by Evan Stambaugh
A Minnesota nurse and mother fighting breast cancer says she has been denied free housing by the American Cancer Society’s Hope Lodge because of her decision not to get the COVID vaccine.
Adding insult to injury is the fact that the organization recently changed its policy to allow unvaccinated patients without informing her.
Sarah Copeland, 44, underwent regular rounds of chemotherapy from February to June, and then surgery on July 25, to treat her stage 2 breast cancer. She suffered symptoms of severe fatigue, sores, and nausea despite taking antiemetics and natural medicines. She lost all of her hair.
Now with a weeks-long schedule of daily radiation treatment beginning Oct. 18, Copeland planned to stay at the American Cancer Society Hope Lodge in Rochester, at no cost to her and just one block away from the Mayo Clinic. She lives too far away to drive back and forth.
But she says Hope Lodge told her earlier this month she wouldn’t be admitted because of her vaccination status. The facility only allowed medical exemptions in some cases. The religious exemption she received to continue working as a registered nurse was not applicable, she said.
Copeland, who’s built up some natural immunity thanks to two previous COVID infections, told Alpha News it was “super frustrating” to hear the news one month before beginning her radiation.
“Nobody ever told me I had to be COVID-vaccinated,” she said, explaining that it was her plan all along to stay there. “The biggest thing is when I was planning out my finances.”
“I felt like it was so discriminatory.”
It turns out, however, that Copeland actually doesn’t need to be vaccinated to stay at Hope Lodge anymore. It’s just that no Hope Lodge staff member told her. Or at least no one she spoke with knew about their employer’s recent policy change.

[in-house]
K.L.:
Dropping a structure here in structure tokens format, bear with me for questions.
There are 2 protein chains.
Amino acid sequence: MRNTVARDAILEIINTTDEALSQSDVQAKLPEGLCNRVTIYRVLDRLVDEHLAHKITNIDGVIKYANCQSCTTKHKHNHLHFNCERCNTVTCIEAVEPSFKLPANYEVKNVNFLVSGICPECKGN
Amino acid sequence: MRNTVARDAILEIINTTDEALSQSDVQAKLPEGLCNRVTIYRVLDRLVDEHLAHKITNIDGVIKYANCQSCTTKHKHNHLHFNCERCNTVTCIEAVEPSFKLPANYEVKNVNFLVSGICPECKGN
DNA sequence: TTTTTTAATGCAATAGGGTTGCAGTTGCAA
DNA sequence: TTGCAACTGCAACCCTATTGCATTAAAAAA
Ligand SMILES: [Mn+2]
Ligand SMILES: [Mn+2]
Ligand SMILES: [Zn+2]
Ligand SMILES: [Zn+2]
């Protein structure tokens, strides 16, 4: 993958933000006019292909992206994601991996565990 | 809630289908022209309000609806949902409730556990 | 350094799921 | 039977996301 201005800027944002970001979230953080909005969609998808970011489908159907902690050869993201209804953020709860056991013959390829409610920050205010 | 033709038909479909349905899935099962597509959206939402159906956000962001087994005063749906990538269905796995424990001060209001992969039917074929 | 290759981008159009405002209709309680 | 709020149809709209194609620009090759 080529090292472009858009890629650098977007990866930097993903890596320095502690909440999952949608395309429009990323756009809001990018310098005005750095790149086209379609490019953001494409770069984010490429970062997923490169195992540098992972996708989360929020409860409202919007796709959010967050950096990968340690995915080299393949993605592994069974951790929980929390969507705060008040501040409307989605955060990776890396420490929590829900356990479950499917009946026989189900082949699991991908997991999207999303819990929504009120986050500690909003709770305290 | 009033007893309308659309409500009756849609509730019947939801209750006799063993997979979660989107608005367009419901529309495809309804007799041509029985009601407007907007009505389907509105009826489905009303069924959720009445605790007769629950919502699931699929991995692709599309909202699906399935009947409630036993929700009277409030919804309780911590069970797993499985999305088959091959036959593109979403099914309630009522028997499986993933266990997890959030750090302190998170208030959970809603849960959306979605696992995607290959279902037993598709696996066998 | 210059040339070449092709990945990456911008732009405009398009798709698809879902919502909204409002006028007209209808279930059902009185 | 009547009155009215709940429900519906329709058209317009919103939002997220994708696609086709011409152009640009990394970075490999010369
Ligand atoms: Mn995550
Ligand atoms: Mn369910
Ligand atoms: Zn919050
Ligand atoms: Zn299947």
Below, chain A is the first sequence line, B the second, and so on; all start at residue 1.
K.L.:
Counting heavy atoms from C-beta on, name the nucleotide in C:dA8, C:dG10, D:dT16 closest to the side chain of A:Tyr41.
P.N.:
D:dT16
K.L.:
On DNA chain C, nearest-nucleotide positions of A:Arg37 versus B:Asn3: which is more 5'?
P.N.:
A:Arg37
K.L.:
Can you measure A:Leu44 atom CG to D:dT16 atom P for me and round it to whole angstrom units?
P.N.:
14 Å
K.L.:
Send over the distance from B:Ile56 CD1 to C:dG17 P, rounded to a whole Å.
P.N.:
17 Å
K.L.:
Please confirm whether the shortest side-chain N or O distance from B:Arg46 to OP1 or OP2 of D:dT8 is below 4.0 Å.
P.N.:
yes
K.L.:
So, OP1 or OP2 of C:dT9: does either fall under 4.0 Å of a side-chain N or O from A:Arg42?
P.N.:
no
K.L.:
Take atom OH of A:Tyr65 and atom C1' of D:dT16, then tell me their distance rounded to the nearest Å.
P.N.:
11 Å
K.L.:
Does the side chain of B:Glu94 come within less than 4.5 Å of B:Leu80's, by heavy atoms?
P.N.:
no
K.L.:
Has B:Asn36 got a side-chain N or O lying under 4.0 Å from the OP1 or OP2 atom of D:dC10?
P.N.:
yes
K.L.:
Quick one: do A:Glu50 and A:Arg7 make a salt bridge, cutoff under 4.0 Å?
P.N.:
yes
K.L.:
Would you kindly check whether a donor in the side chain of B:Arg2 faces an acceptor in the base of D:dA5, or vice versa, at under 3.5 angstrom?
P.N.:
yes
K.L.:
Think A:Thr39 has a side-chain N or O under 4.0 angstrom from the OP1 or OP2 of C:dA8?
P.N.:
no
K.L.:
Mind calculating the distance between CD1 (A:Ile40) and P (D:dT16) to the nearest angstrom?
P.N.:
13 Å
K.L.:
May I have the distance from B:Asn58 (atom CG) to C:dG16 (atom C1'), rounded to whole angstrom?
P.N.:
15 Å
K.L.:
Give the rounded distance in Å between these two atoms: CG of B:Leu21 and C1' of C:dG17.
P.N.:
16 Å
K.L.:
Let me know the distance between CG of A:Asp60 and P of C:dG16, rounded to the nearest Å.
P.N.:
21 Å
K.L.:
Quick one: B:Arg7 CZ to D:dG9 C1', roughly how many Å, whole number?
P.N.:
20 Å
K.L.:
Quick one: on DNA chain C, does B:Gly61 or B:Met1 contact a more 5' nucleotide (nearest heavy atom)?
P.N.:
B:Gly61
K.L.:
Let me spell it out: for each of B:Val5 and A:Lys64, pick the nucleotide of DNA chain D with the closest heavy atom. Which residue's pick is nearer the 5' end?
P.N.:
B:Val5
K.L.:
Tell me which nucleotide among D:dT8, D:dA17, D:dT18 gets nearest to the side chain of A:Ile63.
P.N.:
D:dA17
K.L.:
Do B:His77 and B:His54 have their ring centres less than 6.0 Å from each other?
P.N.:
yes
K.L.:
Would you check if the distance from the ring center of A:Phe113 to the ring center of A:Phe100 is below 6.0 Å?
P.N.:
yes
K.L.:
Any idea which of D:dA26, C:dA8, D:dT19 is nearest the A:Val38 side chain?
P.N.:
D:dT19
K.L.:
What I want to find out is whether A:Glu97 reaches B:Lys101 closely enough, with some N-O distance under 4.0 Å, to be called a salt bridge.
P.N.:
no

A Hope Lodge spokesperson told Alpha News that one month ago the organization amended its policy to allow patients to furnish proof of vaccination or a negative COVID test for admittance. Prior to that only proof of vaccination was acceptable.
But even after ostensibly changing the policy in light of new CDC guidelines, Hope Lodge staff still informed Copeland over the phone and on her paperwork that she had to be vaccinated — which is why she recently scrambled to find last-minute housing on her own dime, she told Alpha News.
Copeland has already invested over $500 in a non-refundable deposit for a place hosted by a Christian nonprofit organization. She’s set to pay almost $2,000 more if she chooses to stay there for the duration of her treatment.
Now she’s undecided on whether she will stick with them or try to deal with Hope Lodge again.
The Hope Lodge spokesperson could not comment on Copeland’s situation due to medical privacy laws but apologized for “any type of confusion” surrounding the organization’s admittance policy.
Back in February a GoFundMe page was created for Copeland and her husband Trevor, who suffered his third stroke a month prior and temporarily cannot work as a cath lab technician because of his disabled left hand and arm.
“He is making great strides with [physical therapy] and [occupational therapy], but there is no clear path to when he will be fully recovered. He is receiving short term disability from work, but this is only a fraction of what his usual income is,” the page reads.
Sarah and Trevor Copeland are parents to a young daughter. The family is looking to raise at least $15,000, and as of Sept. 23 they have received $9,000.
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Evan Stambaugh is a freelance writer who had previously been a sports blogger. He has a BA in theology and an MA in philosophy.
Photo “American Cancer Society Hope Lodge” by American Cancer Society.